Tag Archives: Nomination

The First Debate and President Trump’s Third Nominee to the Supreme Court


Townhall Review – October 3, 2020

Dan Proft and Amy Jacobson turn to John Nolte of Breitbart to talk about the fiery Presidential Debate.

Hugh Hewitt talks with Nebraska Senator Ben Sasse about President Trump’s nomination of Amy Coney Barrett to serve as Justice of the U.S. Supreme Court.

Mike Gallagher looks at the debate free-for-all and how it was handled by its moderator, Chris Wallace of Fox News.

Sebastian Gorka talks with Victor Davis Hansen, Hoover Institution scholar, looks at President Trump’s accomplishments during his first term.

Hugh Hewitt talks with Elaine Parker, of KeepAmericaAmerica.com, about the actual balloting process in the upcoming election.

Dan Proft and Amy Jacobson talks with Rod Dreher about his book, “Live Not By Lies – A Manual for Christian Dissidents.”

Hugh Hewitt and Texas Senator Ted Cruz talk about the debate and his book, “One Vote Away – How a Single Supreme Court Seat Could Change History.”

Charlie Kirk examines ballot harvesting as uncovered in Minnesota’s Fifth Congressional District during an investigation by Project Veritas.

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Nomination of a Supreme Court Justice and the Burning Rage from Dems: Hugh Hewitt with Senator Ted Cruz

Hugh Hewitt talks with Senator Ted Cruz (R-TX), Member of the Senate Judiciary Committee, on whether the Supreme Court nominee should receive a vote before November 3rd. Ted Cruz also gives a sneak peek at his latest book, One Vote Away: How a Single Supreme Court Seat Can Change History.

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Biden Surges after Super Tuesday Triumph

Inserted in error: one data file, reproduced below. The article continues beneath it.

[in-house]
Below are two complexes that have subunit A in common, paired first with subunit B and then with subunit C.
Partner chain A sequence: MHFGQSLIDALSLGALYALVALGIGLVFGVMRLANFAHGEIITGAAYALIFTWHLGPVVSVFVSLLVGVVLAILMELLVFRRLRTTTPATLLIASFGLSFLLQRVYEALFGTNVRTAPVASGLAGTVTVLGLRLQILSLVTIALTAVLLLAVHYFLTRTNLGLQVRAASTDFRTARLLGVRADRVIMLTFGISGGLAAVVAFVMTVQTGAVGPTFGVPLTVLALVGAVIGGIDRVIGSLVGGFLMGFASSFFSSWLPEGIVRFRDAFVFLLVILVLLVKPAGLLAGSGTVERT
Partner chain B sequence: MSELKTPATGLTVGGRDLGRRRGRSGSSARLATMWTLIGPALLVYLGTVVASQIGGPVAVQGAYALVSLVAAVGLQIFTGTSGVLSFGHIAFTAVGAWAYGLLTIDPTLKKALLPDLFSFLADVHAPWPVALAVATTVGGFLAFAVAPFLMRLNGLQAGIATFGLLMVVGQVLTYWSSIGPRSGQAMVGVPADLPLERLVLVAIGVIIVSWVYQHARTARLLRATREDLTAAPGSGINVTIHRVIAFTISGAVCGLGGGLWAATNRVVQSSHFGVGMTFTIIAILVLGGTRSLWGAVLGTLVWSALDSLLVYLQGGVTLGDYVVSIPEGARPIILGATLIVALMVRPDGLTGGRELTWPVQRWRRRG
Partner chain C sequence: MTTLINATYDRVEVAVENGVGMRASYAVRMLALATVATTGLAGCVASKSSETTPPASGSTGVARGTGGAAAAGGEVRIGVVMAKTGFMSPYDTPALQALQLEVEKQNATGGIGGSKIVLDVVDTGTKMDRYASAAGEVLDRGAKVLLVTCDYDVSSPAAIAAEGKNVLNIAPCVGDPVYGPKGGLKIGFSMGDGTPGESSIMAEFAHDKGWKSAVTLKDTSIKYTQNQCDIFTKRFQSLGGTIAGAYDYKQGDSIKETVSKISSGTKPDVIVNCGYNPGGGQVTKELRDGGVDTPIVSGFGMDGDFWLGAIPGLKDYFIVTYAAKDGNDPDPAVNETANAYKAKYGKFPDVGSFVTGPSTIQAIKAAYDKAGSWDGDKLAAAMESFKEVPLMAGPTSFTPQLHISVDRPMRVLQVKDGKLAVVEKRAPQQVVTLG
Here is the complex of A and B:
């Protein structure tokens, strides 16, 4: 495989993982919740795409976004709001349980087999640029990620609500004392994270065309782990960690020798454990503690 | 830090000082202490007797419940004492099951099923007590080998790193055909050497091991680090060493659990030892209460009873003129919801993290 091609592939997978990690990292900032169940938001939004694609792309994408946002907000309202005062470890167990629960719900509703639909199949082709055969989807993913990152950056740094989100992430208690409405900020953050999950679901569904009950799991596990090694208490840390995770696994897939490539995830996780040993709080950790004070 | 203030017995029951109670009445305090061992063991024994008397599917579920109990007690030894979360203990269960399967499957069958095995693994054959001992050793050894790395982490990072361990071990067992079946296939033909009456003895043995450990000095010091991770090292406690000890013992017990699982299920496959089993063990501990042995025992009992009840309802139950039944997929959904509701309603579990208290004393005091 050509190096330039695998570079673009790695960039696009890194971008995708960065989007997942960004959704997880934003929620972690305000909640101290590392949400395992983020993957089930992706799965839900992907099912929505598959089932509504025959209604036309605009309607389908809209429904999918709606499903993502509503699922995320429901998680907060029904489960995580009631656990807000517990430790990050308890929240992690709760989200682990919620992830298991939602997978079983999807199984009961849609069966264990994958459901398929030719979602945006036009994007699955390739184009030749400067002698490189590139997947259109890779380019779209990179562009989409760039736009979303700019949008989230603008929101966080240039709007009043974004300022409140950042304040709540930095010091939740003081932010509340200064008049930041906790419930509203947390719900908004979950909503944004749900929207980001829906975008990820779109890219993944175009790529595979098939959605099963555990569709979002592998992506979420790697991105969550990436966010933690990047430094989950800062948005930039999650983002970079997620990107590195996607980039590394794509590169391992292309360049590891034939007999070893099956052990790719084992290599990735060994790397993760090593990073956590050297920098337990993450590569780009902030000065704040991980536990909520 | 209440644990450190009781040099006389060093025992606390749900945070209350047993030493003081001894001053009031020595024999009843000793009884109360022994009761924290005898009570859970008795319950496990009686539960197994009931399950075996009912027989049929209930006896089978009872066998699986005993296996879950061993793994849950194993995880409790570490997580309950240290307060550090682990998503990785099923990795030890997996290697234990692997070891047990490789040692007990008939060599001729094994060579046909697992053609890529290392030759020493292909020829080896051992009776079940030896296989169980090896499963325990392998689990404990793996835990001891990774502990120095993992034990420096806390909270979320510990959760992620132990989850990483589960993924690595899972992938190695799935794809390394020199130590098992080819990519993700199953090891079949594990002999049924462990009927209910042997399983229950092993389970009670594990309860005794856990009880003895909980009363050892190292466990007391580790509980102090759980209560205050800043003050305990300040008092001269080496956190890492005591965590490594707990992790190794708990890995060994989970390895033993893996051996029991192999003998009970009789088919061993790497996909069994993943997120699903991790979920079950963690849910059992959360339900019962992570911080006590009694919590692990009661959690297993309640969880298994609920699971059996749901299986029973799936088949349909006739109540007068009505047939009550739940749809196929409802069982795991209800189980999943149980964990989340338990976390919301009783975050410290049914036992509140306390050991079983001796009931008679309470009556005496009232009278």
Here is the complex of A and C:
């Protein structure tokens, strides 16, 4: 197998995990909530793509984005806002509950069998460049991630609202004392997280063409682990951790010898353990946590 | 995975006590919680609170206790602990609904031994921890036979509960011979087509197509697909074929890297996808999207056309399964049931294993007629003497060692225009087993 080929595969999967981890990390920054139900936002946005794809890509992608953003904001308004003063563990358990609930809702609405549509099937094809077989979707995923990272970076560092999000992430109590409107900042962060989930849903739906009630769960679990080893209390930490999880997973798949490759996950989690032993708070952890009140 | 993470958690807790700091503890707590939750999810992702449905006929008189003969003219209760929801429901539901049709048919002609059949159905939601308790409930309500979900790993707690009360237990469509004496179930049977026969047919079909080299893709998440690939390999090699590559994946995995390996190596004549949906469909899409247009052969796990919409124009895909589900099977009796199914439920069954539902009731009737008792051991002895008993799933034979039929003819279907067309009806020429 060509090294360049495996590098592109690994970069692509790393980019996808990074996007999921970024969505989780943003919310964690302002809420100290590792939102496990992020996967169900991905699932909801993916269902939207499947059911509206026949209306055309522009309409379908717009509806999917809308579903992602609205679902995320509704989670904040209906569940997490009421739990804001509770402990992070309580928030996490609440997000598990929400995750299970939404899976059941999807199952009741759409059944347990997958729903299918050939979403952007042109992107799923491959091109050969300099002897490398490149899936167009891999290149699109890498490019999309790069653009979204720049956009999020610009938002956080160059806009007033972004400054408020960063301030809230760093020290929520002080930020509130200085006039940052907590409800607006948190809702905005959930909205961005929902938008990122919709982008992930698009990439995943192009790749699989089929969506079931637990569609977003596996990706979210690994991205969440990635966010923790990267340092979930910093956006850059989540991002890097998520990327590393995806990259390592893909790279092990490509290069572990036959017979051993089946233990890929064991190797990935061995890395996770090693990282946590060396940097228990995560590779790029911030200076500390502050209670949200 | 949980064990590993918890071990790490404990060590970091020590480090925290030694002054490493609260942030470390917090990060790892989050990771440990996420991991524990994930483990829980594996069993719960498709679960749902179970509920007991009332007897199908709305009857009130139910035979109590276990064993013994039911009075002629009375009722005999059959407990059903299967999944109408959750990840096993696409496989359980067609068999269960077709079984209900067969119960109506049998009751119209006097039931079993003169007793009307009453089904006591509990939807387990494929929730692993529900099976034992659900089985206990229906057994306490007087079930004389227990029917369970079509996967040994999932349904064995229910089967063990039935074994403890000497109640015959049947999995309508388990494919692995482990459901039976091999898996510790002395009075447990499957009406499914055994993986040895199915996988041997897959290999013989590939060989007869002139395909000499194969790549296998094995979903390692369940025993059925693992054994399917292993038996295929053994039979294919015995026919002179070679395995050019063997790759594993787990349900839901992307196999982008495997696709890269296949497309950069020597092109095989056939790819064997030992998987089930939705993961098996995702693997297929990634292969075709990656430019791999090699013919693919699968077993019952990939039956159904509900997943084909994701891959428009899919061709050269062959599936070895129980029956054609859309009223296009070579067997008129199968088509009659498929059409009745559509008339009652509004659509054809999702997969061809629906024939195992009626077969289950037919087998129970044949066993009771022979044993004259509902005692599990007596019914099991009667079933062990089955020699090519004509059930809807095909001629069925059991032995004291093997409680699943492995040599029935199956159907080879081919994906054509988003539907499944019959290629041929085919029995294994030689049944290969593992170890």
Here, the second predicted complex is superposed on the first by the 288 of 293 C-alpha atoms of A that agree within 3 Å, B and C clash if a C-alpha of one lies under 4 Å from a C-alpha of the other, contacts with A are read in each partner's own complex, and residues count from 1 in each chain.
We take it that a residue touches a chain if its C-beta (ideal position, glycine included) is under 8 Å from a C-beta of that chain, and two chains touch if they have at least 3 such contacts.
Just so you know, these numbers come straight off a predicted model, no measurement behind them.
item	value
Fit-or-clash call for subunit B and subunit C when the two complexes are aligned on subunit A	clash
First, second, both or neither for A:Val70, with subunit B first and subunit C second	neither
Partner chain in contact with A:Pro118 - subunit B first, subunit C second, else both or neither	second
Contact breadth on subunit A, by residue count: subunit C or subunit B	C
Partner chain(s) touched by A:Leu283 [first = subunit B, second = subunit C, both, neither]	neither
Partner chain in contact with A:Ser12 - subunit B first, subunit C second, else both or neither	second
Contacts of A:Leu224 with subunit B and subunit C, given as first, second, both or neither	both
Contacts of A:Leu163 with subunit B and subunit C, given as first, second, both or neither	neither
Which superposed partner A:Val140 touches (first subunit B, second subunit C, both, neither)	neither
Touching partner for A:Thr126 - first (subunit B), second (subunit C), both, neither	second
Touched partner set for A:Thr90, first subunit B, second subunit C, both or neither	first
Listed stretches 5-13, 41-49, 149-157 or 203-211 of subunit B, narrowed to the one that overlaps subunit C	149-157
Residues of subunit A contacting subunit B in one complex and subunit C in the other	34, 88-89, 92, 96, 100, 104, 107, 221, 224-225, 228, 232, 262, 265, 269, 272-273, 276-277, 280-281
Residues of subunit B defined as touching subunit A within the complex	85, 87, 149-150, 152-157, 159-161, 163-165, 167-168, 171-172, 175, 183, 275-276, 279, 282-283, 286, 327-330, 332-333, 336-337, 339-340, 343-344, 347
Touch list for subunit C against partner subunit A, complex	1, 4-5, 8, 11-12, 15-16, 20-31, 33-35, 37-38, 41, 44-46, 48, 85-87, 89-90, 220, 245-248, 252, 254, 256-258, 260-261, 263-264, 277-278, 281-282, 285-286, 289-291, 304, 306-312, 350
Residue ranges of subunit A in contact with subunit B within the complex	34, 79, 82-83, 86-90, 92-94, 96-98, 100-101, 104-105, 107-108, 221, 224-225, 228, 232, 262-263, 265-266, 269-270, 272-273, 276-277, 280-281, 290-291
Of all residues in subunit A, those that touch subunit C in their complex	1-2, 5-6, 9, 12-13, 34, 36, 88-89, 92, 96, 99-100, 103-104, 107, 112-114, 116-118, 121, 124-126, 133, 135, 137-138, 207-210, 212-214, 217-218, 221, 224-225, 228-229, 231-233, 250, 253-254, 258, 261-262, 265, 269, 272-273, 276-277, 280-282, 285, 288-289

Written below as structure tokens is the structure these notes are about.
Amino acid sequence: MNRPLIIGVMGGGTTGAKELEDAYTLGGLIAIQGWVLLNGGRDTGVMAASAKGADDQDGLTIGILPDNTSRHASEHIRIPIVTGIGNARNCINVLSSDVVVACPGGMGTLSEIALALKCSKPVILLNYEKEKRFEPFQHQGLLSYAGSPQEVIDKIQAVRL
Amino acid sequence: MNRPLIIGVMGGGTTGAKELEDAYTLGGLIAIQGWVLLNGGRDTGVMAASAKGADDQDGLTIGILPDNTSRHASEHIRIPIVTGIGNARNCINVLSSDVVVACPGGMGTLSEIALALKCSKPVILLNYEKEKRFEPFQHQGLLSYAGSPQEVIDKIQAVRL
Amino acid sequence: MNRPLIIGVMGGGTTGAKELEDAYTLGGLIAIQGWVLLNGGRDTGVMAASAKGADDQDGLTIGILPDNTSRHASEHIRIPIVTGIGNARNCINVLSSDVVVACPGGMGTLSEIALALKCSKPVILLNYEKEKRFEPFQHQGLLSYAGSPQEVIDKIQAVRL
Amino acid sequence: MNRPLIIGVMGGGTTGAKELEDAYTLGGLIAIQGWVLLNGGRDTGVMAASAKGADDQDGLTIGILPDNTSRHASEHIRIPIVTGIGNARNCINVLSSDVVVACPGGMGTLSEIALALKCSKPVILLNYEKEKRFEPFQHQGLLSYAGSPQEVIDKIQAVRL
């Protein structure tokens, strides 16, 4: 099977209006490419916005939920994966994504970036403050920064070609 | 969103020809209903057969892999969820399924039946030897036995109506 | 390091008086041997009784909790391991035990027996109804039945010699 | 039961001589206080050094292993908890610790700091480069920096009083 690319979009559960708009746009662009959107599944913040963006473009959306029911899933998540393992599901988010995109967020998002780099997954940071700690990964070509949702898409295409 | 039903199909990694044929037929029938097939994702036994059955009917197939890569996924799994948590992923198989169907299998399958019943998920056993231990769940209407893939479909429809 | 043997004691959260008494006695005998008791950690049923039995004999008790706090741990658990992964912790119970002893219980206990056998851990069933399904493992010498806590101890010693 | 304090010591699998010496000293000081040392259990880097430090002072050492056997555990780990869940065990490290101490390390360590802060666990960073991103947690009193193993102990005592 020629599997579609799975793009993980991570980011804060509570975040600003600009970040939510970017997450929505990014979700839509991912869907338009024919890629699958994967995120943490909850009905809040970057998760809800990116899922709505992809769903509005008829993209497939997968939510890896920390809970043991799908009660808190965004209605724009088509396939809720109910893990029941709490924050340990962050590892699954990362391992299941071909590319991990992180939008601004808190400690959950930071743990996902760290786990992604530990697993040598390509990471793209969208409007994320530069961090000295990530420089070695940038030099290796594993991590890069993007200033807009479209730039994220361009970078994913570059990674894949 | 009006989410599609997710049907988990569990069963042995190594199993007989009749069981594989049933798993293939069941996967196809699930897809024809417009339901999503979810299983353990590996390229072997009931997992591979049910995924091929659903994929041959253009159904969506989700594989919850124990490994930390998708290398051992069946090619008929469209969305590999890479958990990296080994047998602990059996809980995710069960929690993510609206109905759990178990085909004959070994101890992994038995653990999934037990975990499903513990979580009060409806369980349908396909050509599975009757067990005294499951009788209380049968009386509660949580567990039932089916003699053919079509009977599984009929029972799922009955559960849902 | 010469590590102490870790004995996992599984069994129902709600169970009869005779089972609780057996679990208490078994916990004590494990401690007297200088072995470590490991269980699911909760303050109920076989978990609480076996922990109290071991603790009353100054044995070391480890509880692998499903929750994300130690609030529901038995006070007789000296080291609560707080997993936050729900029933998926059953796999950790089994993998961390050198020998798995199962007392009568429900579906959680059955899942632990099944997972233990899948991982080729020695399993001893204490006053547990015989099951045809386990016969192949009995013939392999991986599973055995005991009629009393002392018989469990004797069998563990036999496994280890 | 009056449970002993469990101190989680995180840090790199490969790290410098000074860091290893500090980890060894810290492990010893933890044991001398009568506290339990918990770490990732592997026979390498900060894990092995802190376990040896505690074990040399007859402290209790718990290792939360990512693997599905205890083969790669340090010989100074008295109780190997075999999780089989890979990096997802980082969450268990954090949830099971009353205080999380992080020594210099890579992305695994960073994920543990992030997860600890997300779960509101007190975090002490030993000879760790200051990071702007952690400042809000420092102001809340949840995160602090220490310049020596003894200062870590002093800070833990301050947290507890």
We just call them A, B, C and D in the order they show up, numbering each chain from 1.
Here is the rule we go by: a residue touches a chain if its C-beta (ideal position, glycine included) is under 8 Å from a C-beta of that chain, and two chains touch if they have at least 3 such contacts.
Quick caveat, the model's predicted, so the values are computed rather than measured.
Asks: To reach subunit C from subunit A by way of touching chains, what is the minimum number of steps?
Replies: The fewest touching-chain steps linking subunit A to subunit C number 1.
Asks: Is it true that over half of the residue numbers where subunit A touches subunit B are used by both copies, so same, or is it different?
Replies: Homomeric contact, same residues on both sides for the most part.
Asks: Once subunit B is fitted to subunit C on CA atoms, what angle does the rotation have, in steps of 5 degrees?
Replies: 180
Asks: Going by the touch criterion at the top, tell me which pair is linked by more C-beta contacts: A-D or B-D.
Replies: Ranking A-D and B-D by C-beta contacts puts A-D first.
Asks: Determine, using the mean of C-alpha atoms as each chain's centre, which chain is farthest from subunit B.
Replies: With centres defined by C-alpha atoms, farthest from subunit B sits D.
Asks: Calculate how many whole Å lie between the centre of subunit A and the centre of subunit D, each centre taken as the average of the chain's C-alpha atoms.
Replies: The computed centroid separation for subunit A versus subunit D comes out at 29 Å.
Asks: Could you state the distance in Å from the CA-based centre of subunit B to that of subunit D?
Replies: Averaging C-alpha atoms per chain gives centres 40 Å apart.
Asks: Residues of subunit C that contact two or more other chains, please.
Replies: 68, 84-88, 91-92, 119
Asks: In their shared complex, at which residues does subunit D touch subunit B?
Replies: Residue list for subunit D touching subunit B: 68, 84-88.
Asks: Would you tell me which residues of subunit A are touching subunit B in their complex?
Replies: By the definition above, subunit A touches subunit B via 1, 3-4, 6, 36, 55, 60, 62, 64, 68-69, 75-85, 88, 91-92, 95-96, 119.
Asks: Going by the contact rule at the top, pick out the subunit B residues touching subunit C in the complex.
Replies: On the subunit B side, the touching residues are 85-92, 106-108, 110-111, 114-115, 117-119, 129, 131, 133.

Townhall Review – March 7, 2020

Hugh Hewitt talks with NBC News correspondent Steve Kornacki about the latest in the Democratic primary race to the nomination.

Mike Gallagher weighs in on the battle for the nomination that is now between Bernie Sanders and Joe Biden.

Hugh Hewitt and Trump Campaign Spokesman Tim Murtaugh talk about the possibilities of a campaign between President Trump and former Vice President Joe Biden.

Hugh Hewitt talks with David Cortman of the Alliance Defending Freedom about a religious freedom case that is now headed to the Supreme Court.

Sebastian Gorka chats with Chris Farrell of Judicial Watch about their upcoming deposition of Hillary Clinton regarding her personal servers and Benghazi.

Dan Proft and Amy Jacobson talk with Epoch Times investigative reporter Josh Philipp about China’s handling of the Coronavirus outbreak.

Dennis Prager talks about a “Never Trumper” who now says if Bernie Sanders is the Democratic nominee, he will vote for President Trump.

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Michael Medved: Polls Can’t Predict Trump’s Democratic Opponent

Our fascination with polls sometimes produces premature conclusions about next year’s presidential race, including the assumptions that Elizabeth Warren and Joe Biden will fight it out for the Democratic nomination. Past polling a year before elections has demonstrated scant predictive value: for 2004, Wesley Clark and Howard Dean were the clear Democratic front-runners, but neither survived the early primaries; John Kerry, who grabbed the nomination, ran fifth at this point.

Four years later, for 2008, Rudy Giuliani was way ahead among Republicans—topping the ultimate nominee, John McCain, more than 2 to 1. And in 2016, Donald Trump was a full six points behind then front-runner Ben Carson—who’s now in Trump’s cabinet. Primary contests are unpredictable, particularly with complicated races and multiple candidates. There’s still time for new entrants like Mike Bloomberg, or some other surprise latecomer, to shake up the faltering Democratic field.

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Michael Medved: Joe Biden: Combining Radical Substance with Moderate Style?


In campaigning for president, Joe Biden faces a difficult dilemma: if he moves left to placate his party’s increasingly socialistic base, he’ll lose the moderate support he needs to challenge Donald Trump. But if he runs as a compromising centrist, enraged party progressives will block his nomination.

The problem is that satisfying progressives requires such radical positions—like racial reparations, forgiving student loans, and banning private health insurance—that middle-of-the-road voters won’t be reassured by an easy-going style. If the election becomes a referendum on a stridently leftist Democratic platform, Republicans should be able to build a big majority in opposition.

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